Alzheimer’s drug could keep half of patients out of homes

Tara Spires-Jones
Tara Spires-Jones
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A common Alzheimer’s drug that is often withdrawn in later stages of the disease can halve the risk of severely ill patients being moved into nursing homes, research has shown

Aricept, the brand name of the drug donepezil, is frequently used to reduce to manage symptoms in cases of mild to moderate Alzheimer’s. However, it is typically not given to people with advanced Alzheimer’s disease because of a perceived lack of benefit.

A new study may force a re-think of the policy of not giving the worst affected patients access to the drug.

The Domino trial showed that withdrawing Aricept doubled the chances of an Alzheimer’s patient being moved into a nursing home after a year.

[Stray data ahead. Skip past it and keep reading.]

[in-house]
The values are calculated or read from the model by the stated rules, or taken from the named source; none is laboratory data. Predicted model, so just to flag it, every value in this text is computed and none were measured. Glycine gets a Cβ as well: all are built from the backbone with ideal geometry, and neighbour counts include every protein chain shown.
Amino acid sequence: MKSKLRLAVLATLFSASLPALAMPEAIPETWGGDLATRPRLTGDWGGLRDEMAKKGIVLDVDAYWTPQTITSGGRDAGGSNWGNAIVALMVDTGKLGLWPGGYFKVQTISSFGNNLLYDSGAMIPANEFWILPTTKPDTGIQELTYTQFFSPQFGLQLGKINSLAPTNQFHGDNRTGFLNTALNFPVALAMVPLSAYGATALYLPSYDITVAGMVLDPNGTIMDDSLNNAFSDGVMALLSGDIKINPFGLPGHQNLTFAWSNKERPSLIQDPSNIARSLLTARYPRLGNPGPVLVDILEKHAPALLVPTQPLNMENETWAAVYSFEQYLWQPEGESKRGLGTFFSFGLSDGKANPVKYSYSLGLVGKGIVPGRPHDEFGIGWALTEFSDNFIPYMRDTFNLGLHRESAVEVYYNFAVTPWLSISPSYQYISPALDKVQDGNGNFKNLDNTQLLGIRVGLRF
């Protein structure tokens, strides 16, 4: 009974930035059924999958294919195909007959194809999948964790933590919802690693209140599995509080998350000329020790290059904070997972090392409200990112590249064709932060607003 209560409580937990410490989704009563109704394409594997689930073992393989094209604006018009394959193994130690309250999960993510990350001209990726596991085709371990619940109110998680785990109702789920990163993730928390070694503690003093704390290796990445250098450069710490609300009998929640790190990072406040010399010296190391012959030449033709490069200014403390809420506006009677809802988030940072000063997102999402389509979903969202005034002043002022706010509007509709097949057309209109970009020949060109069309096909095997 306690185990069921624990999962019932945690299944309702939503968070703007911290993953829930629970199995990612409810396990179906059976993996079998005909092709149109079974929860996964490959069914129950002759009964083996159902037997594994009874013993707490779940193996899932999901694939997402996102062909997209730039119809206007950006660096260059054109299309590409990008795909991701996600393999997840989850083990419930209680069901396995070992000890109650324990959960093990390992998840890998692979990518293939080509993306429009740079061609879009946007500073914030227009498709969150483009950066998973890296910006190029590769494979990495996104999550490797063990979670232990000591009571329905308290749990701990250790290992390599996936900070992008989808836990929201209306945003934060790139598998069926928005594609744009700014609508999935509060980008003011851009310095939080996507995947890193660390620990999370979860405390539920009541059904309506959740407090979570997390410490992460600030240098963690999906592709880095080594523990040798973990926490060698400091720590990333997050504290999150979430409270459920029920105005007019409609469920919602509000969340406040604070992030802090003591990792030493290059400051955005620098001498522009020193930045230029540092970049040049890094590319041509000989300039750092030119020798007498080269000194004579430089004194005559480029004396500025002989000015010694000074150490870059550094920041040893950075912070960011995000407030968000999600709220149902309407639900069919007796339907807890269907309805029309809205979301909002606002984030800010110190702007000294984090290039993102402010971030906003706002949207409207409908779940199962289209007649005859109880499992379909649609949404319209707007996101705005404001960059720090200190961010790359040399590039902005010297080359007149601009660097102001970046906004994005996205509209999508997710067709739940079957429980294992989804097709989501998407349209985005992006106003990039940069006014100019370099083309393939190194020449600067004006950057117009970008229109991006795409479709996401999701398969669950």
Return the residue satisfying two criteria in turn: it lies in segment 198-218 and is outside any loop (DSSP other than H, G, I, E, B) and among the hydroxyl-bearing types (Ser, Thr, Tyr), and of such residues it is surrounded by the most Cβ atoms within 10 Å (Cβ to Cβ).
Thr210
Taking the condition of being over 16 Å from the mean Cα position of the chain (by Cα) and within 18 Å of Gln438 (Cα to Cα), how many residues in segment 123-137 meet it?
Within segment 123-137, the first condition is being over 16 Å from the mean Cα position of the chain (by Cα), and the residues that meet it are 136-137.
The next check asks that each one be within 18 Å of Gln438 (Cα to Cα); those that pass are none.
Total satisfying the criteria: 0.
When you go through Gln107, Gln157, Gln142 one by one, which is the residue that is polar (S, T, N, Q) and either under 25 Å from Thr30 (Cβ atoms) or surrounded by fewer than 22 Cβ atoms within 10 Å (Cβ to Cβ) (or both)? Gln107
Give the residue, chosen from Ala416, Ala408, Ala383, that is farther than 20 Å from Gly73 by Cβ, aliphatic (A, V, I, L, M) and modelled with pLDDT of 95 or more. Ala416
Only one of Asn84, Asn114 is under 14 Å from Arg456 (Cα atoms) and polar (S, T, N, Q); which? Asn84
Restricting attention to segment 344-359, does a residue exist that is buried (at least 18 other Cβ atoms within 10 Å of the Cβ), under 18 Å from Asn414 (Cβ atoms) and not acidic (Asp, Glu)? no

On average, the annual cost of residential care for people with dementia ranges between £30,732 and £34,424. In comparison, a year’s supply of Aricept can cost as little as £21.59.

Lead researcher Professor Robert Howard, from University College London, said: “Our previous work showed that, even when patients had progressed to the moderate or severe stages of their dementia, continuing with donepezil treatment provided modest benefits in cognitive function and in how well people could perform their daily activities.”

However, Dr Tara Spires-Jones, reader and chancellor’s Fellow, Centre for Cognitive and Neural Systems, University of Edinburgh, said: The study by Robert Howard and 
colleagues suggests that continuing donepezil treatment into the late stages of disease may slightly delay the need to move into permanent nursing home care.

“This is good news, but the results should be interpreted with caution.”